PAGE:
T3 augmentation of SSRI resistant depression
Abraham G, Milev R, Stuart Lawson J.
Department of Psychiatry,
University of Toronto, ON, Canada;
Mood and Anxiety Unit-Inpatient,
Centre for Addiction and Mental Health,
Toronto, ON, Canada.
J Affect Disord. 2006 Feb 14;
PURPOSE OF STUDY: To investigate whether the addition of triiodothyronine (T3) helps relieve depressive symptoms in non-hypothyroid major depressive disorder patients who failed to respond to an adequate course of standard SSRI antidepressant treatments. METHODS: Patients who fulfilled the DSM-IV criteria for non-psychotic major depression, able to give informed consent, and failed to show satisfactory antidepressant response after a minimum of six weeks adequate treatment were recruited. To enter the study their Hamilton Depression (17-item HAMD) score had to be 18 or more, thyroid-stimulating hormone (TSH) value within the normal range, and a normal thyrotropin releasing hormone-stimulation test (TRH-ST). All patients continued taking the same SSRI which they had been taking before they entered the study. At the completion of TRH-SH they were all started on 25 mug of T3 and the dose was increased to 50 mug within a week when tolerated; they continued the combination of T3 and the SSRI for a minimum of three weeks. RESULTS: Twelve patients, comprising eight females and four males, entered the study. One female patient withdrew during the first week of side effects, eleven patients completed the trial. The patients ranged from 26 to 77 years of age, with the mean age for males and females being 52.3 and 45.1 years, respectively. Five patients were taking sertraline (mean dose=130 mg/day) and 4 were taking citalopram (mean dose=50 mg/day), two were on fluvoxamine (150 mg/day) and one patient was on 40 mg of paroxetine. The women took a mean daily dose of 40.6 mug of T3 for a mean duration of 3.75 weeks, while the men were on a mean daily dose of 43.8 mug of T3 for 3.5 weeks. T3 augmentation was associated with a statistically significant drop (p<.003) in the mean HAMD at end of the three weeks compared to baseline scores. Five patients (42%) showed >/=50% improvement on HAMD scores, with three achieving full remission (HAMD scores< / =7) at the end of the study. There were no reliable differences between responders and non-responders in baseline HAMD scores, number of previous antidepressant trials, gender or Deltamax TSH. CONCLUSION: T3 augmentation resulted in improvement of mood scores. The responders' rate of 42% in our study is comparable to the response rates reported using T3 or lithium to augment tricyclic antidepressants or other combination strategies used to treat resistant depression. Even though one patient withdrew prematurely due to side effects, the remaining 11 patients tolerated the addition of T3 very well. With the availability of T3, a viable, safe, inexpensive and effective augmentation treatment, the recent trend of replacing T3 with other novel strategies appears unwarranted.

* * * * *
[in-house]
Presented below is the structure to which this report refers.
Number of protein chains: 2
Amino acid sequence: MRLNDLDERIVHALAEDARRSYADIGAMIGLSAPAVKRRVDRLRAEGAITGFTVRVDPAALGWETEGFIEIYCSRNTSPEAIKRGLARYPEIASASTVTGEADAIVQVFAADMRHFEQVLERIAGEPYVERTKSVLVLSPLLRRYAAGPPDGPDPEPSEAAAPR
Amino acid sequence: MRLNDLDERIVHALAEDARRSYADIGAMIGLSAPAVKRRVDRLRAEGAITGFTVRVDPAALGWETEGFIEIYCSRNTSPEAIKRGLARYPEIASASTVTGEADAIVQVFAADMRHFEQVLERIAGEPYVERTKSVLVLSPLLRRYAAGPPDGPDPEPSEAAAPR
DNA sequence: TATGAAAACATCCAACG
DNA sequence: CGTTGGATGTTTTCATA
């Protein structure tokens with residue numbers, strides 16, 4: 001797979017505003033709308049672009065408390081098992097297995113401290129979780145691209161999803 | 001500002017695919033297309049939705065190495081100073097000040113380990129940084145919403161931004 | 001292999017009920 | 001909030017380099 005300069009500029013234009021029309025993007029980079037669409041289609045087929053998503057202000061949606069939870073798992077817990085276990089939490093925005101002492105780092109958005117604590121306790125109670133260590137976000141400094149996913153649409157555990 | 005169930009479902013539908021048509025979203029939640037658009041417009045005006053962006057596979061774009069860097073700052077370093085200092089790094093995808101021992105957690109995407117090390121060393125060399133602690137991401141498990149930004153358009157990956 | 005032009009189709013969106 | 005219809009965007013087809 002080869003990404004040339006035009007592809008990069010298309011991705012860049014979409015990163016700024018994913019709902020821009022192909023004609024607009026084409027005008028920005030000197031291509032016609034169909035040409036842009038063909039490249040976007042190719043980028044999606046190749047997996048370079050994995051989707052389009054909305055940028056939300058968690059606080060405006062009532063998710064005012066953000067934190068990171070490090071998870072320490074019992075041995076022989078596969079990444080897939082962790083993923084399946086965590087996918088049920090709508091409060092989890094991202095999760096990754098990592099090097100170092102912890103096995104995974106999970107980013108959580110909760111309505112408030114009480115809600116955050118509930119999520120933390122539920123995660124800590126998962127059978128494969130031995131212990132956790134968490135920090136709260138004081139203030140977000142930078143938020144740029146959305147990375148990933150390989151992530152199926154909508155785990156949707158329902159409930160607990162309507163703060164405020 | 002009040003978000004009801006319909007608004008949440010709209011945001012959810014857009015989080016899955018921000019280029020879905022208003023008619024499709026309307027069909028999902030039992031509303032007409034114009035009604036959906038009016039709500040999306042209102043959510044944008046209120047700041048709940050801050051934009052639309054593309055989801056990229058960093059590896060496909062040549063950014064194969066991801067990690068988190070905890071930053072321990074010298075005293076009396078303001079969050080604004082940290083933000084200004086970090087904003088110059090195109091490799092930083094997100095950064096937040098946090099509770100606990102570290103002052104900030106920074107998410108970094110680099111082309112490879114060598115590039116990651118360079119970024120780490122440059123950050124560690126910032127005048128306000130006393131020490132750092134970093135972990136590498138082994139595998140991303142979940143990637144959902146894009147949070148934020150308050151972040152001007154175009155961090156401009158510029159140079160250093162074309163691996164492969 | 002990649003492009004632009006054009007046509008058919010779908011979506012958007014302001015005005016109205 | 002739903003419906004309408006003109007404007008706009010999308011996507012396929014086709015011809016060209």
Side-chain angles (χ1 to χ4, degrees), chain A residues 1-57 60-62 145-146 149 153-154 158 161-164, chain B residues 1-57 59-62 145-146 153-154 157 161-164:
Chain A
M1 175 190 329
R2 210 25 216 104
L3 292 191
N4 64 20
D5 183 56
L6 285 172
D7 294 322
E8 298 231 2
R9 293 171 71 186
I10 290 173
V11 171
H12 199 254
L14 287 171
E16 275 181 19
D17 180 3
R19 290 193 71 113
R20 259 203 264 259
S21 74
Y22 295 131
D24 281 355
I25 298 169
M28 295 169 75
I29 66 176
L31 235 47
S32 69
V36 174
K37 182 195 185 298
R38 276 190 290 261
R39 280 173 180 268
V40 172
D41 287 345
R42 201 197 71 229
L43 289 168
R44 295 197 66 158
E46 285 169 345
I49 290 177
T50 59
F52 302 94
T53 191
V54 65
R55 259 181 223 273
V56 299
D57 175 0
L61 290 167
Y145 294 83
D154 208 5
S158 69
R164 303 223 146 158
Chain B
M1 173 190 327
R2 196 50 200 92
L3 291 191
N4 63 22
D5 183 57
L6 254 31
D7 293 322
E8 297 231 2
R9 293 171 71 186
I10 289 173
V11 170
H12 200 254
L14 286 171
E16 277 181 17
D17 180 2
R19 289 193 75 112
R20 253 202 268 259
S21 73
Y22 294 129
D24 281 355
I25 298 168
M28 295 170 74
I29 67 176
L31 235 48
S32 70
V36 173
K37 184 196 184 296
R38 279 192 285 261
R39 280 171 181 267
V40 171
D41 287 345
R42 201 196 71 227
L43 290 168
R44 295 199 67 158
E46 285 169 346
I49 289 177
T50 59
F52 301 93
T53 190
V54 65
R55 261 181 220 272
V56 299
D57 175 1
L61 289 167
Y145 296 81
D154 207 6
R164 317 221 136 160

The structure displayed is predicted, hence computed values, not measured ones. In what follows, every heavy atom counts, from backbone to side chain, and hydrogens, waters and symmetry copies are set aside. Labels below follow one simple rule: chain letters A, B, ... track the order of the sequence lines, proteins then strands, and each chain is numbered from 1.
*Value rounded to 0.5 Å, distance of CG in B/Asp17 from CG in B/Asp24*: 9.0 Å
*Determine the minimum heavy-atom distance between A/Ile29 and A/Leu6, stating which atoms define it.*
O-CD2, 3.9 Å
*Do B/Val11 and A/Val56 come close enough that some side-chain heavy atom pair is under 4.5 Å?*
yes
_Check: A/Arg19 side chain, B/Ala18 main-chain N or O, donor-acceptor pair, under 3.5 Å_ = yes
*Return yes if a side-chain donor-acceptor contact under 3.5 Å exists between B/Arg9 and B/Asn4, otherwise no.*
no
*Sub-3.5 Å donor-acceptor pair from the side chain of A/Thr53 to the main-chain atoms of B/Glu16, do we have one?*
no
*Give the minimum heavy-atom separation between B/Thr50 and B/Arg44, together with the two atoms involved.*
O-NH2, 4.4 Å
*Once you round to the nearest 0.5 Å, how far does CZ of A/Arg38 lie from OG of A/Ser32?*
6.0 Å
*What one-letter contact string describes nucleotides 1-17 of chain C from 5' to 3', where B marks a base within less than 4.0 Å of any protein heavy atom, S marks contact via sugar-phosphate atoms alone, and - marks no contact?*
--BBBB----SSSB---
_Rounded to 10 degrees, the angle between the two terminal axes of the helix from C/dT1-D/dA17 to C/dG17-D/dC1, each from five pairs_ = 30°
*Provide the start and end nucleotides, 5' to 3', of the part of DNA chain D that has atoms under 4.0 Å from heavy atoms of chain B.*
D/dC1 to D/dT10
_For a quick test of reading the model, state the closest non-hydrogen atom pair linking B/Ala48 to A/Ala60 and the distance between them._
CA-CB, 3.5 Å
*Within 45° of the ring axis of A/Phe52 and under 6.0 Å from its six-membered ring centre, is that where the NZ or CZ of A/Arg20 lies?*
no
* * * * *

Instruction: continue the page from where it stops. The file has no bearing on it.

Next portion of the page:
T3 v T4
Triiodothyronine (T3): structure
Hypothyroidism and depression
High-dosage thyroxine as an antidepressant
Thyroid hormone, mood modulation and the brain
Mechanisms of thyroid augmentation of antidepressants